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Slow Speed Testing

Discussion in 'DIY Motion Simulator Building Q&A / FAQ' started by JAD, Apr 8, 2020.

  1. cubexxx

    cubexxx Member

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    The thing with these videos is, even if you can't see the "jerkyness" you will be able to feel it very clearly if you touch to rotor with your fingers. On a direct drive wheel this is even more important, the simucube 2 states: "Encoder Resolution 22Bit (4,194.304 CPR)"! Also just because an actuator resolution of 0.01 mm sounds impressive, it doesn't mean that you can't feel it, you'd have to make experiments. I think you can feel a vibration with an amplitude of 0.01 mm and a frequency of say 10Hz.
    • Agree Agree x 1
  2. pmvcda

    pmvcda aka FlyPT

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    My Motion Simulator:
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    It's not comparable.
    Because the wheel is direct drive in your hands and we are speaking of rotation.
    The actuator is linear and indirectly connected to you and you get play in all the joints.
    Not saying that you don't feel nothing, but it will be so subtle and your brain is in another place, it's not like the wheel.
    It's going to be just road noise.
    My actuator is low resolution, and in normal use it's OK. Yes could be better, but $€

    And the games! Yes some famous ones are awful in road noise, specially some laser scanned tracks! Never thought saying it, but some feel baaaaad.
    • Funny Funny x 1
  3. cubexxx

    cubexxx Member

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    All true, was just trying to say that your hands may be a better tool to judge smoothness than your eyes. Resolution-wise I think the 10000 cpr of the AASD and the 8192 cpr of the AMT102 (commonly used with the odrive) with a pitch of 5mm/rev are ok, but I wouldn't go lower personally. I think higher resolution would still be beneficial for smoothness of control, especially for slow movements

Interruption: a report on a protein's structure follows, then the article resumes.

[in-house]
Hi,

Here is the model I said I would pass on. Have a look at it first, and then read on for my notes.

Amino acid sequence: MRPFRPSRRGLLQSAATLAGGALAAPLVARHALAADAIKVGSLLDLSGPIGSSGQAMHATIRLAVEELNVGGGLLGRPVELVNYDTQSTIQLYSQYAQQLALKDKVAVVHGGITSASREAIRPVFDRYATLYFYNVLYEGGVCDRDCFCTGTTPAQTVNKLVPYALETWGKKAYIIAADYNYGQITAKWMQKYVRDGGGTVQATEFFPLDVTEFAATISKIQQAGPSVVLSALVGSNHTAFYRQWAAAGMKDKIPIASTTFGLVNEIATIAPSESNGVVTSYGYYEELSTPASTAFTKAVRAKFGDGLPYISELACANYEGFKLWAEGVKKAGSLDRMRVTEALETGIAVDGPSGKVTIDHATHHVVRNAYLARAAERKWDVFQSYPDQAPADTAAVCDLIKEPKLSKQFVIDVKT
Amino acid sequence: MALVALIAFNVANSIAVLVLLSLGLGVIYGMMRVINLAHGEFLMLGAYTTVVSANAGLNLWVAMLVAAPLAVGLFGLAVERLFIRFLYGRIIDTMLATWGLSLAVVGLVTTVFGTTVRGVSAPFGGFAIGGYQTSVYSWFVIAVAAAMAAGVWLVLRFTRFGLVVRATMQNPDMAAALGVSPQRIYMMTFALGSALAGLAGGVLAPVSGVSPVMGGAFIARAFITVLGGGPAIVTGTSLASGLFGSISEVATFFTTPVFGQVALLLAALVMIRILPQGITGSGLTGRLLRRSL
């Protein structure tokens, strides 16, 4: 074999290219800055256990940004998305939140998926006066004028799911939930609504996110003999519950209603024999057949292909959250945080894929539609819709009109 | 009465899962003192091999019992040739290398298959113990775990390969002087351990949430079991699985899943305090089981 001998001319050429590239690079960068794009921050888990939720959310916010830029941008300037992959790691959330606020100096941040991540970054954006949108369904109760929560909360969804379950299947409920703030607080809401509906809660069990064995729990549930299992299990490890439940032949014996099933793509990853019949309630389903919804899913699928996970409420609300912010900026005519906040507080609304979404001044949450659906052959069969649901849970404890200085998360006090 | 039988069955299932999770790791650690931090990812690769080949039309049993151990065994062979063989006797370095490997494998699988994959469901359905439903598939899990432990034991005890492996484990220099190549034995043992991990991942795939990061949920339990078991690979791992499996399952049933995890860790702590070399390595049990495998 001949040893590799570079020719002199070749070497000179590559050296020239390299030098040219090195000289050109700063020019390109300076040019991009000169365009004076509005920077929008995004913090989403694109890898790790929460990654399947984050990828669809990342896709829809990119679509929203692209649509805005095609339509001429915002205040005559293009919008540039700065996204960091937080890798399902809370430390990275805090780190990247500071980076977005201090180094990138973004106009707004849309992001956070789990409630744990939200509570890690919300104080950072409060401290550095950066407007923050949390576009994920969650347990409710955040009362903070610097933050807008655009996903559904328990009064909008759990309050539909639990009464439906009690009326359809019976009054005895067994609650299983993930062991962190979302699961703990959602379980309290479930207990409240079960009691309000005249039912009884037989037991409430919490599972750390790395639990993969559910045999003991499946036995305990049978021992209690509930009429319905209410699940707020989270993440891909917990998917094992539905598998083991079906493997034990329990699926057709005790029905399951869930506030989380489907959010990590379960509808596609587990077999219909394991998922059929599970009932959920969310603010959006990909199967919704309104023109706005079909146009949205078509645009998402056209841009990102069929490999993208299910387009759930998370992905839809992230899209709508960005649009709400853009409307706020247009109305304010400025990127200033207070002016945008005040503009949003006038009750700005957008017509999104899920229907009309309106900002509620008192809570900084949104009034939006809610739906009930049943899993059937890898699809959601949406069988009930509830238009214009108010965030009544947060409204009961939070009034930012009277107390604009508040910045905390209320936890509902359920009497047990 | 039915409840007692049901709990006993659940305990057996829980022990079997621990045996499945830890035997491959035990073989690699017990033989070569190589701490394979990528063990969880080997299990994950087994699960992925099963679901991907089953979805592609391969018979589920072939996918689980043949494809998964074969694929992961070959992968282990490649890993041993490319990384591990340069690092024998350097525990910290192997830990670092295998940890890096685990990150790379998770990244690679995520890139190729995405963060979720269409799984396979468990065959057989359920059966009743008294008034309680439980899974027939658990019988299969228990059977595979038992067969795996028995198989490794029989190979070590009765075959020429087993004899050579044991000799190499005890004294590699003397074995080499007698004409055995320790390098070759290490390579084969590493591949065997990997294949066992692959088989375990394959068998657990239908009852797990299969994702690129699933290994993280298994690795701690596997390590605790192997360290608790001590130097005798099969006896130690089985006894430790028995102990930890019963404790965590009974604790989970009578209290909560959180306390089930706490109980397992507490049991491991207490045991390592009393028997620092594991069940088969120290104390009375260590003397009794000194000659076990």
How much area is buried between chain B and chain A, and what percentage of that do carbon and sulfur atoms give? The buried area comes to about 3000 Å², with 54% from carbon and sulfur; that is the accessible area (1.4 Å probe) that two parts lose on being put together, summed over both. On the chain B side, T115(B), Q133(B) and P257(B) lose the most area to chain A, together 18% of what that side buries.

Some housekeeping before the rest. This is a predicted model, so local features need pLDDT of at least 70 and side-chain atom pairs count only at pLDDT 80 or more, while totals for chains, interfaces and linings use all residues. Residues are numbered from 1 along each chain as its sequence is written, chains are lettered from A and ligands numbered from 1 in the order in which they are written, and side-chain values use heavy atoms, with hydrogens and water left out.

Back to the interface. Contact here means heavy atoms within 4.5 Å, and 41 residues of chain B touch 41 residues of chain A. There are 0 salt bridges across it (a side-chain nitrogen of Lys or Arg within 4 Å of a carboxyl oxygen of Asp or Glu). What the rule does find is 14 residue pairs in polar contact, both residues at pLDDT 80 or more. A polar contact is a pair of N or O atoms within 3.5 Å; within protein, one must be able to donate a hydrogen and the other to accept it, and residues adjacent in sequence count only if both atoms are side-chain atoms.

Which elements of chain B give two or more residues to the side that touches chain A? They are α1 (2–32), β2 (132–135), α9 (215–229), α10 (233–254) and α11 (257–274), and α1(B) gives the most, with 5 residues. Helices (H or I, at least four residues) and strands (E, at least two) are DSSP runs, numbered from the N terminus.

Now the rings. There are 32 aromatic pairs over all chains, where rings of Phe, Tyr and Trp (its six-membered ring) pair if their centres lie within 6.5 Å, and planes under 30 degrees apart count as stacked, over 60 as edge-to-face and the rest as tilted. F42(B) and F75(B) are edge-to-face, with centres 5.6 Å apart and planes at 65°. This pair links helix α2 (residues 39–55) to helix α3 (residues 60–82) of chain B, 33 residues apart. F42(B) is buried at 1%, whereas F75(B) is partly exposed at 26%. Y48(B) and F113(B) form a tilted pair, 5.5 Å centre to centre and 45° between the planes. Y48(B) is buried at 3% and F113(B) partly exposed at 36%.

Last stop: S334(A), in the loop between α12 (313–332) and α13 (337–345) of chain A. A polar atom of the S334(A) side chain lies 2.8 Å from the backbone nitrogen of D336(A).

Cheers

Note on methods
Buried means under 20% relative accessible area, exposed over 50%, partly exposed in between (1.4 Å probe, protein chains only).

• Agree Agree x 1
  4. JAD

    JAD Active Member

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    I think the resolution of the encoders we are all using are easily sufficient and wouldnt be much of a factor in this notchiness feeling Im seeing and feeling.
    My understanding at the moment is we are observing the differences in motor construction.
    Im my case, I think using the DC brushed motor is inherantly going to give the most notchiness
    I guess the main factor is the brushed commutator and to a lessor degree, the low pole count.
    Im actually impressed these motor drivers can achieve the accuracy that they do given there are only 18 contacts on the commutator and 2 or 4 poles(Im not sure how to count what Im looking at here).
    Heres a pic of an old burnt out unit I have in my rig.
    upload_2020-4-26_14-8-42.png

    It looks like there is a good improvement going to BLDC and then another improvement going to full AC servo motors.

    Having thought about it now.
    Im now in the market for 80ST-M02430 for my next upgrade.
    The best price I can find right now on Aliexpress is AUD$302 each inc delivery + GST.
    Im in no rush so just watching the prices ready to jump on a bargain.
    Just gotta wait for some of the better prices that I saw last year. I thought it got down to AUD$250 ea back then.
    But it might be as good as it gets for the next 6 months.
    upload_2020-4-26_14-28-27.png
    • Like Like x 1
  5. JAD

    JAD Active Member

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    I just spotted that there was a cheaper delivery option,
    so the price is down to AU$292 ea inc delivery +GST
    upload_2020-4-26_16-2-27.png
  6. JAD

    JAD Active Member

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    Just a note to conclude the main reason I started this thread.

    The upgrade to AC Servo is done and Im happy with the result.
    • Like Like x 2
    • Winner Winner x 2
  7. Gadget999

    Gadget999 Well-Known Member

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    My Motion Simulator:
    2DOF, DC motor, Arduino, 6DOF
    Sim looks great :)